Quartz Daily Brief—Asia edition—Coke’s coffee bid, EU privacy rules, Russian space sanctions, Zuck’s birthday

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What to watch for today

Sony’s profits plunge. Following three profit warnings in six months, Sony is set to post an annual profit drop of 90% (paywall) to 26 billion yen ($255 million), dragged down by weak sales, increasing competition in Asia, and costs from selling off its loss-making PC unit.

Britain’s jobs scene gets slightly less grim. Analysts expect the UK’s unemployment rate to drop from 6.9% to 6.8% for the three months to March, although there may not be much change for the 19.1% of jobless youth. Average earnings, which have been tightening for years, are set to have grown 2% in March (paywall).

The latest on Europe’s deflation risk. The Bank of England inflation report for May could shed light on when the central bank will raise interest rates, after UK inflation fell to 1.6% in March. French and Spanish inflation are set to inch up, although they’ll still be well below target.

Las Vegas bets on Japan. Gambling magnates descend on Tokyo for a three-day conference about the legalization of casinos in Japan, one of the world’s last untapped gaming markets, worth an estimated $40 billion in annual revenues.

Ukraine holds its first National Dialogue roundtable. The Ukrainian parliament opened the conversation about its current political crisis to “everybody who has legitimate political aims” and “those who don’t have blood on their hands.”

Mark Zuckerberg turns 30. The Facebook CEO is currently the world’s 22nd richest person according to Forbes. (He founded it when he was 20.)

While you were sleeping

Internet users got redacting power. The EU’s highest court ruled that Google must comply with people’s requests to remove personal information from searches, in a move that could change the information game and perception of privacy in the internet age.

Coca-Cola guzzled more coffee. The drinks giant will become the largest shareholder in Keurig Green Mountain, maker of the one-cup coffee pod machines, after it increases its stake from 10% to 16%. Coke hopes the investment will offset declining soda sales across the US.

US stocks reached record highs. Coca Cola’s shopping plans and other merger talks sent the S&P 500 through the 1,900 barrier for the first time. The Dow also closed at an all-time high of 16,716. Earlier on, Indian exit polls had boosted the Sensex to fresh highs too.

The Ukraine conflict went into space. In retaliation for sanctions over its annexation of Crimea, Russia said it would reject US requests to keep the International Space Station flying after the previously-agreed 2020, and banned the US from using Russian rocket engines for military satellite launches.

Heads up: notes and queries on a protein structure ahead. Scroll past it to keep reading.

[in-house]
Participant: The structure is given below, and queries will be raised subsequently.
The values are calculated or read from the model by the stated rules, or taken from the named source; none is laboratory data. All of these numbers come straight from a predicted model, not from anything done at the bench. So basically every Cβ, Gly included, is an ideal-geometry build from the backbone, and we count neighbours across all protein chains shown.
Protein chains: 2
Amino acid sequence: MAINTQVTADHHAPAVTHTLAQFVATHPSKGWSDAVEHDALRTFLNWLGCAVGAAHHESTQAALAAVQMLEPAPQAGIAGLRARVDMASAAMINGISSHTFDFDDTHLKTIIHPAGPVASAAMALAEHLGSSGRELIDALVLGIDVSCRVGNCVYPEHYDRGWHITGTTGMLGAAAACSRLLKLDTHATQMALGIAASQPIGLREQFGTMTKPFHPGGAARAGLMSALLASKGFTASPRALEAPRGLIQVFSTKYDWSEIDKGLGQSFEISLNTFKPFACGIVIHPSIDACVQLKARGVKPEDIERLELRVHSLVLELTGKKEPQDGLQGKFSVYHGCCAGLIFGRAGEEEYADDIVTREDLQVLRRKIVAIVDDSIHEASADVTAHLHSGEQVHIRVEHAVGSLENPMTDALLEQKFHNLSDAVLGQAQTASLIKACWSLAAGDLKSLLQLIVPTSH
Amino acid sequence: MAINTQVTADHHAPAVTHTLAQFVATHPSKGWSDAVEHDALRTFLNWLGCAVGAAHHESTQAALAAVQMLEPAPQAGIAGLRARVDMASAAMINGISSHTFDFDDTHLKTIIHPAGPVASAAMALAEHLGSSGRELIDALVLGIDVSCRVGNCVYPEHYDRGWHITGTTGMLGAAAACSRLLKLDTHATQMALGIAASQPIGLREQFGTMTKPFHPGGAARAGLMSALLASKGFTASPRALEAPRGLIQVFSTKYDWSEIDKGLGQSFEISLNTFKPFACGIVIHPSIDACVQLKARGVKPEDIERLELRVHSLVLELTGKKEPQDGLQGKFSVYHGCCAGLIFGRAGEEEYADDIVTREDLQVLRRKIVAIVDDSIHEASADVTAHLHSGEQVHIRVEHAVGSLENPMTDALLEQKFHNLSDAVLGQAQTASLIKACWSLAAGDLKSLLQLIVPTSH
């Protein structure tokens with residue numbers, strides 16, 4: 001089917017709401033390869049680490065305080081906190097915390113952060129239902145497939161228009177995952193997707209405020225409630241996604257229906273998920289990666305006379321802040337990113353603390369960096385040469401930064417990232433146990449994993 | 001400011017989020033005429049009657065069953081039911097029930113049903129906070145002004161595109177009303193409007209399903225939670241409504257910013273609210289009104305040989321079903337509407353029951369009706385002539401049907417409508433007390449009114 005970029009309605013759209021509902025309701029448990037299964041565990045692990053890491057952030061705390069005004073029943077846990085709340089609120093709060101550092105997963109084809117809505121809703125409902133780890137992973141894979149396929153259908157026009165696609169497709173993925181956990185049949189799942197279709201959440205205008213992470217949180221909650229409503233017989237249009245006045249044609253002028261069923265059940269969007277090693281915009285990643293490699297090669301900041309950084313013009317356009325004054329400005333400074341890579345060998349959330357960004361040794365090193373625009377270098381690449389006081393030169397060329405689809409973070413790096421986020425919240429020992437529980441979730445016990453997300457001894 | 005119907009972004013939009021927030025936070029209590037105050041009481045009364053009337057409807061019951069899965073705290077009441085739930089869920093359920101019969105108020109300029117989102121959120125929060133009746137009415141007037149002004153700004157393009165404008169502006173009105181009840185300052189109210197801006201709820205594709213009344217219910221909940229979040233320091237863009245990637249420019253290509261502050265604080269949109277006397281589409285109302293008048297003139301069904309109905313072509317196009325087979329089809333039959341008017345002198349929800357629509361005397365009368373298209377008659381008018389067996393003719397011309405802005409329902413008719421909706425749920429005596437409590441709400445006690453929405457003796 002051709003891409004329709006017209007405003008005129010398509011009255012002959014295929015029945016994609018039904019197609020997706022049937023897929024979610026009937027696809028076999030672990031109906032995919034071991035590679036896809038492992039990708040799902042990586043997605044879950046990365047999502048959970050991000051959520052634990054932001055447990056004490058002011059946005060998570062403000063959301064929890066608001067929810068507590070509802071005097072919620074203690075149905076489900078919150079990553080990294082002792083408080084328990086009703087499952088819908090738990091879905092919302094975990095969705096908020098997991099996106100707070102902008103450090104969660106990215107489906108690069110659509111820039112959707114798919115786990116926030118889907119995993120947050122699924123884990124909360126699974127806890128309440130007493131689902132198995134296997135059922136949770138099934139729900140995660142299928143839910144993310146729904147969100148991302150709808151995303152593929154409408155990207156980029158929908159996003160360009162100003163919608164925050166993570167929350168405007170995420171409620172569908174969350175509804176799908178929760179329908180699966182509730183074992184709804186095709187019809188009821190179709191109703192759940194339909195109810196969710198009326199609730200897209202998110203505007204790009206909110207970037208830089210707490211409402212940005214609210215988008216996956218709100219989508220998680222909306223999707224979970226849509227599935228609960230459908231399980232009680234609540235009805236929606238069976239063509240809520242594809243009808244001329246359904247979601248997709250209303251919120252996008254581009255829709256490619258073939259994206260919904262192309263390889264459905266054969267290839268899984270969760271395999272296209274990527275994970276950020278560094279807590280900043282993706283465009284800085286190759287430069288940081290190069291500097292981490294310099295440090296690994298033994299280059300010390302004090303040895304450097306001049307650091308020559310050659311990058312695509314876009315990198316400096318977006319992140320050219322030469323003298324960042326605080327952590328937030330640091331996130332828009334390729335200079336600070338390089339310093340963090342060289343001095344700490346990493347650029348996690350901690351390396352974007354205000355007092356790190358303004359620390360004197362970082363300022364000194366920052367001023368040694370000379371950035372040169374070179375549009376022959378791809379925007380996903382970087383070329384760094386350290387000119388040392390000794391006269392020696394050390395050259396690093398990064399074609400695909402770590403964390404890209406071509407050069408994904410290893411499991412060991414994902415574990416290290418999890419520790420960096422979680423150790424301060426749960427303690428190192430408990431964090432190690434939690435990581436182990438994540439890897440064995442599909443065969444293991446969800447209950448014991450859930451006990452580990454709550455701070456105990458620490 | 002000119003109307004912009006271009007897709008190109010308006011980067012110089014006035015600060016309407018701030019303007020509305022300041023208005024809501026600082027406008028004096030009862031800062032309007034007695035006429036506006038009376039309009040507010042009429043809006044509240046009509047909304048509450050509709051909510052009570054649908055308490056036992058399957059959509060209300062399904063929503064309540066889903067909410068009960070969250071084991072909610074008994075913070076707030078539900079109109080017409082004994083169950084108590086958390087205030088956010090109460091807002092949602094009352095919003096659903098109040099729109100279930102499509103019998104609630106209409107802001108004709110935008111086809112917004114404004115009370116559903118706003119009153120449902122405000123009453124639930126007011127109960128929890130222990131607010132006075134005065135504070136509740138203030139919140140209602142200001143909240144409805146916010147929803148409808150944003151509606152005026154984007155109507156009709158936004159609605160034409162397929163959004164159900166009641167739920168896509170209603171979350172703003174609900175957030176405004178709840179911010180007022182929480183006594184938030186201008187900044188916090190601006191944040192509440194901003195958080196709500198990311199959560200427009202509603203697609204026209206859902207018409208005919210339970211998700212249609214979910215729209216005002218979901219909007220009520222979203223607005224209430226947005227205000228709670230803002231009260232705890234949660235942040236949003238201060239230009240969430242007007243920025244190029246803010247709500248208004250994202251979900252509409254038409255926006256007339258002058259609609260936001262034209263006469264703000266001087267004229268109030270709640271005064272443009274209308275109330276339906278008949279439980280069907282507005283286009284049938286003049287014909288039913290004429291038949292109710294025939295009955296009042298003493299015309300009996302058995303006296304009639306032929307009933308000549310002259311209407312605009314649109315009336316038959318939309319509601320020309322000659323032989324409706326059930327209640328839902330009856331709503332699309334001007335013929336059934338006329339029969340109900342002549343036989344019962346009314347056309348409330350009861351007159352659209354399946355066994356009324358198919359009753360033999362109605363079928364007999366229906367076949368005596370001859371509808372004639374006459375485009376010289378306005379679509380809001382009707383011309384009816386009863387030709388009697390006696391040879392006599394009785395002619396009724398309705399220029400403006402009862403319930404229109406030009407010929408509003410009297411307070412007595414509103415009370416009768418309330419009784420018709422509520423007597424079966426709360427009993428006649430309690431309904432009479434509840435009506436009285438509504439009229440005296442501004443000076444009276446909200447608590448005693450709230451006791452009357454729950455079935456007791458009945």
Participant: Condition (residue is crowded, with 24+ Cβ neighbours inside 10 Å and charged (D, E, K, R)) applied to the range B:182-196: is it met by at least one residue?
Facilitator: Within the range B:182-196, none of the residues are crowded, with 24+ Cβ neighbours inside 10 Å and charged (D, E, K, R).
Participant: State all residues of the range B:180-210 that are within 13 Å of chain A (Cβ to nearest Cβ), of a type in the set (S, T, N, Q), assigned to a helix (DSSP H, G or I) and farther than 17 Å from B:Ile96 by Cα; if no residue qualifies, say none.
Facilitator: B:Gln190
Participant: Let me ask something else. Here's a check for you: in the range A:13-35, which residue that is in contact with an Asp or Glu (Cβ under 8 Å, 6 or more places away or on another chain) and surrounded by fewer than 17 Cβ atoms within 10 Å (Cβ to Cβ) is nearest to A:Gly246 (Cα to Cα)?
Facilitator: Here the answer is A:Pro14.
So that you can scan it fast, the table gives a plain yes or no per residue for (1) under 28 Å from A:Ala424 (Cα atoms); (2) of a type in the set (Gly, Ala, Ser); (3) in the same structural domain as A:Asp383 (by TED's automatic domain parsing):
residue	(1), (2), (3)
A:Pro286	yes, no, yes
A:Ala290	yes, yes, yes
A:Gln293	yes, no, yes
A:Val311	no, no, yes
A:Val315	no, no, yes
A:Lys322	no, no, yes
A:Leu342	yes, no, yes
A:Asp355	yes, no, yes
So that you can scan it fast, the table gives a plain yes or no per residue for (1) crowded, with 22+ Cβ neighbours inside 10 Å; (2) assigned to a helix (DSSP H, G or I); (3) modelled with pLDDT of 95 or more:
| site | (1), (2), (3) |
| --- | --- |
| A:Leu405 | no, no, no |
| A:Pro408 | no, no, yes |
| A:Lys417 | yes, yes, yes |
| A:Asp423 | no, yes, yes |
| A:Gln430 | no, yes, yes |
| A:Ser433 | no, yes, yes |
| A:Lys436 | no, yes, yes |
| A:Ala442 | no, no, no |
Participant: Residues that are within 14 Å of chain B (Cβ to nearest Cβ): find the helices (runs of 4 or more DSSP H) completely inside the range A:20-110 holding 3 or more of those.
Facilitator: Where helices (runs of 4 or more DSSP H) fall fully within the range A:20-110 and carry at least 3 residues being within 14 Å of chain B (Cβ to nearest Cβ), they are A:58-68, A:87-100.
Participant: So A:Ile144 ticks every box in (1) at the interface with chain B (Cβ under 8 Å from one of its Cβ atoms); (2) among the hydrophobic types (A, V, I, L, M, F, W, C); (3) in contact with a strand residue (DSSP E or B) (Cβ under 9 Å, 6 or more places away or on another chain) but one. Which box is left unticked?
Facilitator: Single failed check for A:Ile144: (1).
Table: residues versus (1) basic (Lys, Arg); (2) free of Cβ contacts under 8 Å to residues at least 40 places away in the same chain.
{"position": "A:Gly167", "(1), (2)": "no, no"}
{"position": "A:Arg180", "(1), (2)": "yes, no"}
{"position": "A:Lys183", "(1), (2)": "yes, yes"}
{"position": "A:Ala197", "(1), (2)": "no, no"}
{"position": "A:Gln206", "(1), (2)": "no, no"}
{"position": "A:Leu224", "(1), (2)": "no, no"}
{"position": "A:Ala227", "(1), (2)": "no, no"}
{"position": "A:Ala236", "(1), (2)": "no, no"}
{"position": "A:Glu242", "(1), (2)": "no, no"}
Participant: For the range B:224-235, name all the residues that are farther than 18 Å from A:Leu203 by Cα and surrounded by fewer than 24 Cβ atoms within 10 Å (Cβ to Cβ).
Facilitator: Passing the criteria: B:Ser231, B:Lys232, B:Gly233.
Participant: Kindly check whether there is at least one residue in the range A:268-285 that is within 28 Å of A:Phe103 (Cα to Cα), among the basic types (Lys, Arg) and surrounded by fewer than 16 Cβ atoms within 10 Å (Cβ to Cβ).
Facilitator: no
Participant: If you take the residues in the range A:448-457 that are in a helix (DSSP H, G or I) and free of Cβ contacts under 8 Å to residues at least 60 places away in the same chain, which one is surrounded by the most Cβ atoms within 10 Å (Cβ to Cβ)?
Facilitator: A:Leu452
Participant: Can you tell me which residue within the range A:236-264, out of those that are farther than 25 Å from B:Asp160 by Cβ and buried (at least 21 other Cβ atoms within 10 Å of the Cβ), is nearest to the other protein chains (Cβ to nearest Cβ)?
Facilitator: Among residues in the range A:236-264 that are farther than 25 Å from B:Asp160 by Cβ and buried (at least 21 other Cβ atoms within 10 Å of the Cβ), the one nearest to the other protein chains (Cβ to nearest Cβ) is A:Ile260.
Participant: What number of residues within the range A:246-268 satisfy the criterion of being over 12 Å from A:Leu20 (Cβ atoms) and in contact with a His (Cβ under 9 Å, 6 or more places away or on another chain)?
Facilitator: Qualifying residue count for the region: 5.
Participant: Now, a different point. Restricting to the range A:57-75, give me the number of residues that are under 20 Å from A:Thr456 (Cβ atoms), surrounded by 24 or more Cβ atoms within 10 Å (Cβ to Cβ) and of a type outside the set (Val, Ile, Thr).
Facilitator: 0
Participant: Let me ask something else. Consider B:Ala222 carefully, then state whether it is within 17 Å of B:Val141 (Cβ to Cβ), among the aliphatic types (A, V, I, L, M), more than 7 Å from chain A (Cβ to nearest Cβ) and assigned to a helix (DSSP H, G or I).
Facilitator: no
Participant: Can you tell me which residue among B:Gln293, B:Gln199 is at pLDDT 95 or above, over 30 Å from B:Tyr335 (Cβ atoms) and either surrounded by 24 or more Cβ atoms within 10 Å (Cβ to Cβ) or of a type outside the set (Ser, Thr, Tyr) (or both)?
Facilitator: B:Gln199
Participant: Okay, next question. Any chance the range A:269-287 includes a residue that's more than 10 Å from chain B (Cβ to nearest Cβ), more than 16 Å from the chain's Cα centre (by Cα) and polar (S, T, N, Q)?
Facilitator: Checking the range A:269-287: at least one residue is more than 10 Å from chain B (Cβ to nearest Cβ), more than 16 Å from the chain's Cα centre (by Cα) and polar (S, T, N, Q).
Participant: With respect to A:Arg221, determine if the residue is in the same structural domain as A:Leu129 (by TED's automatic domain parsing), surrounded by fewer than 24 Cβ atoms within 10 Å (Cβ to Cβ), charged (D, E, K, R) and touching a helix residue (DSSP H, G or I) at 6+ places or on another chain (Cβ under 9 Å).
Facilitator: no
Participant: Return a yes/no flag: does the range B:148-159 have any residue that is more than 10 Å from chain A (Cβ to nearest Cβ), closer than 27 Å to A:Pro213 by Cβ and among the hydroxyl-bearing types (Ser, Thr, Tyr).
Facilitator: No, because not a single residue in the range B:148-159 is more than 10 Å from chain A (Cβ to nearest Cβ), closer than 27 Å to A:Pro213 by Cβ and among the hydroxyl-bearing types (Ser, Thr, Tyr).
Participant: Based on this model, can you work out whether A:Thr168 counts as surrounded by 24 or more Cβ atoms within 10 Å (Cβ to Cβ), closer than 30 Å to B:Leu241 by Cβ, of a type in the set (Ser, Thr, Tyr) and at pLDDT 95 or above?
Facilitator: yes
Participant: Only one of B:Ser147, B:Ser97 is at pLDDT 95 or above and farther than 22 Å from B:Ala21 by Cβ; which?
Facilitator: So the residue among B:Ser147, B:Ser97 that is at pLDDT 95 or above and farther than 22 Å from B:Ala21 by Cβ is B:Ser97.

Brazil backpedaled on taxing soccer fans. Following pressure from large beverage companies, the government said its plan to raise taxes on beer and soft drinks by 2.25% won’t kick in until after the World Cup. It was due to take effect on June 1.

Quartz obsession interlude

John McDuling on why AT&T wants to get into the satellite TV business. “AT&T’s potential bid for the company is really about the US. It could bundle DirecTV’s video product (including the popular NFL Sunday Ticket packages) in with its mobile subscriptions and/or landline broadband access. Bundling is a strategy telecoms and other subscription-based businesses use to hold on to customers—it’s harder to end a relationship with a company when you are getting multiple services from it—as well as to drive growth. Yet prominent analysts have questioned the rationale behind this rumored transaction.” Read more here.

Matters of debate

The Bank of England is in a bit of a pickle. It’s damned if it raises interest rates and damned if it doesn’t.

Hollywood is making distinctly average superhero movies on purpose. Growing budgets and shrinking audiences are making studios rely on adaptations and sequels.

Facebook’s shopping spree will turn it into a GE-like conglomerate. It’s part of the company’s—and Mark Zuckerberg’s—maturation.

The Indian elections are just like “Game of Thrones.” We’re talking strong personalities and ruling family dramas. No dragons or beheadings, though.

Surprising discoveries

“So” is to Silicon Valley what “like” is to teenage girls.  Putting the word at the beginning of a sentence communicates interest and evokes prior conversations.

London is Europe’s second most expensive place to buy housing. Following Monaco, after home prices rose some 18% in the year to February.

Apple likes to make announcements on a Tuesday. The reason is simple enough: the weekly review and planning meeting happens on Monday.

France is no longer the world’s biggest wine market. The US now is—although the average French consumer still drinks six times as much wine as an American.

Our best wishes for a productive day. Please send any news, comments, tech lingo, and booze habits to You can follow us on Twitter here for updates throughout the day.

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